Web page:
John P. Mackintosh (1929 - 1978)
To commemorate the 40th anniversary of his death, we look at the life of John P. Mackintosh - politician, professor, writer, and proponent of Scottish devolution.
John Pitcairn Mackintosh (24 August 1929 – 30 July 1978) was a Labour Party politician known for his defence of devolution and the concept of dual nationality; that Scots could be both Scottish and British.
Born In Simla, India, and brought up in Edinburgh, he was educated at Melville College, the University of Edinburgh, Balliol College, the University of Oxford, and Princeton University.
Mackintosh contested Edinburgh Pentlands in 1959 and Berwick and East Lothian in 1964, eventually being elected the Member of Parliament for the latter in 1966. In the February 1974 election, however, he lost his seat to the Conservative Party, albeit for only a few months, regaining it in October of the same year.
Mackintosh was a fierce proponent of devolution in Scotland, and famously said in the House of Commons in 1976 : "People in Scotland want a degree of government for themselves. It is not beyond the wit of man to devise the institutions to meet these demands." This quote is engraved on the threshold of the Donald Dewar Room in the Scottish Parliament.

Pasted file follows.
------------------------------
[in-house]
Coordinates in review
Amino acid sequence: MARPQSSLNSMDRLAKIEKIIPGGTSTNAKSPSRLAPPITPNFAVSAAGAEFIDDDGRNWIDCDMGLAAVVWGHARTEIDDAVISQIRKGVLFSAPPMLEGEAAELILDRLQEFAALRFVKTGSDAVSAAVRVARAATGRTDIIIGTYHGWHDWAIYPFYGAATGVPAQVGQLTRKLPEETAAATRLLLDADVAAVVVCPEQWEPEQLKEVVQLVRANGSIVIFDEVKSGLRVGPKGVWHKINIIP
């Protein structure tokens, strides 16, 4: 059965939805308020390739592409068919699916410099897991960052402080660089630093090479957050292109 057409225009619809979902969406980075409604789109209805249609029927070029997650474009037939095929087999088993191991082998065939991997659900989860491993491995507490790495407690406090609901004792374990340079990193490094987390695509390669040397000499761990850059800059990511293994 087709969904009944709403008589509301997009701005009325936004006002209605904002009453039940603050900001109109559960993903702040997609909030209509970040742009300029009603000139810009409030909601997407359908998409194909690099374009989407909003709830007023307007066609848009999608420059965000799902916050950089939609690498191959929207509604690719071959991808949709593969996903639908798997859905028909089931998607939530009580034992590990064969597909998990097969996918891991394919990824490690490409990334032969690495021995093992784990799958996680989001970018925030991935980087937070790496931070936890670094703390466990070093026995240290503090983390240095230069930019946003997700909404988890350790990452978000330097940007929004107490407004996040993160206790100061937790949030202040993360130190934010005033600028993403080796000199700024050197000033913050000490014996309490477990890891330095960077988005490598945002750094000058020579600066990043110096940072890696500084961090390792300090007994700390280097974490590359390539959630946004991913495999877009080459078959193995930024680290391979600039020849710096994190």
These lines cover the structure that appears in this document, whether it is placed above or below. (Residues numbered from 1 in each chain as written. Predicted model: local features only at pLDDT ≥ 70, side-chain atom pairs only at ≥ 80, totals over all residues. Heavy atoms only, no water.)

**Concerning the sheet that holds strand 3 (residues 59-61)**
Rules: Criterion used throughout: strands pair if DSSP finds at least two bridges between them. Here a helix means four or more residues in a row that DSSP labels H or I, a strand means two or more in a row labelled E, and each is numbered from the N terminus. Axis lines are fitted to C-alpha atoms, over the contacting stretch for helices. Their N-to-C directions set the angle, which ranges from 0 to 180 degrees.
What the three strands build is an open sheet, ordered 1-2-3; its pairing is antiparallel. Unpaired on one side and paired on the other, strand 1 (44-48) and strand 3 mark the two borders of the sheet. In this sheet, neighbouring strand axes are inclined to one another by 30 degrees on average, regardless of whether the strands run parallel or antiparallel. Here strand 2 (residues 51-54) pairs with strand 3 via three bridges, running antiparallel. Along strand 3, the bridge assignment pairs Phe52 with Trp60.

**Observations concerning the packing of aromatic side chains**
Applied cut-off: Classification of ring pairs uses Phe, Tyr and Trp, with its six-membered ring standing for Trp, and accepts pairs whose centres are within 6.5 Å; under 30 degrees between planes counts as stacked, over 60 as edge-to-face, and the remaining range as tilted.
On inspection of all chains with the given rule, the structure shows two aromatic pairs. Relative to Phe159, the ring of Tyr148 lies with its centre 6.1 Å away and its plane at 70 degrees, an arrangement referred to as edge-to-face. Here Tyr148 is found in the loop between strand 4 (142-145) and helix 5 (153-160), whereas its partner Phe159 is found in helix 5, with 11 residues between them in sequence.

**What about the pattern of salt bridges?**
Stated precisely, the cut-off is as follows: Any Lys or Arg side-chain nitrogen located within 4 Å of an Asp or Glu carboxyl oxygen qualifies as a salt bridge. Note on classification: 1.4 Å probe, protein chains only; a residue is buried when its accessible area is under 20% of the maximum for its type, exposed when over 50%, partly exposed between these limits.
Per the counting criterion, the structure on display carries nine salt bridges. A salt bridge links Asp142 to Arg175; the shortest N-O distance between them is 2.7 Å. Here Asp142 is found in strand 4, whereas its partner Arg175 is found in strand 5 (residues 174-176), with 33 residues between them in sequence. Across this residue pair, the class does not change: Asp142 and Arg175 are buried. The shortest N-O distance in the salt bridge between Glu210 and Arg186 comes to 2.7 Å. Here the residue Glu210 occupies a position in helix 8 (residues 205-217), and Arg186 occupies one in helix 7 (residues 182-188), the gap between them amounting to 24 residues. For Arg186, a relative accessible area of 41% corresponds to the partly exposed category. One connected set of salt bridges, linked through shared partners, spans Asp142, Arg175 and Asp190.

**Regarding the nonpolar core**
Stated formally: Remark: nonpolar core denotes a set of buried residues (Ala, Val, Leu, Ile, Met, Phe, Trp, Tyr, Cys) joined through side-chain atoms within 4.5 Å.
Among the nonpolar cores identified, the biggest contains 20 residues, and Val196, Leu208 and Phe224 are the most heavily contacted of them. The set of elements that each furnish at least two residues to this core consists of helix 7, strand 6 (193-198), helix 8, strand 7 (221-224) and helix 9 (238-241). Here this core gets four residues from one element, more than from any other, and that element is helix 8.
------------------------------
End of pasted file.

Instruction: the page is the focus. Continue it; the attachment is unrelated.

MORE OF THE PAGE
Mackintosh was Senior Lecturer in Government at the University of Ibadan in Nigeria from 1961-63, and then became Professor of Politics at the University of Strathclyde.
Later in his life, he became Chair and Professor of Politics at the University of Edinburgh, where he managed to balance his duties in the House of Commons with teaching students, a role he greatly enjoyed. He was a strong supporter of formal lectures and would deliver his remarks written out all in longhand. This style of presentation was popular with students: during his last year of life he taught an introductory undergraduate course on political philosophy in 20 lectures, and at the end of this series the students gave him a standing ovation.
Mackintosh wrote for the academic press and newspapers, as well as books, including "The Devolution of Power." Perhaps his most famous book was "The British Cabinet" - a detailed study of the governmental institution - published in 1968. Other works include: "The Government and Politics of Britain" (1970), "Nigerian Government and Politics" (1968); and "British Prime Ministers in the Twentieth Century" (1977).
Mackintosh also had a regular column in both The Times and The Scotsman newspapers, and appeared on television and at public lectures. He was also the editor of The Political Quarterly, and chairman of the Hansard Society.
John P. Mackintosh died in office in 1978, aged 48. He is buried in the churchyard in Gifford, East Lothian.
To mark the 40th Anniversary of the death of John P. Mackintosh, this year's Memorial Debate on 6 September - held jointly by the University of Edinburgh, the John P. Mackintosh Lecture Committee and the Scottish Parliament - will comprise of a panel debate entitled 'Where now for democracy?', chaired by the Presiding Officer, Ken Macintosh MSP: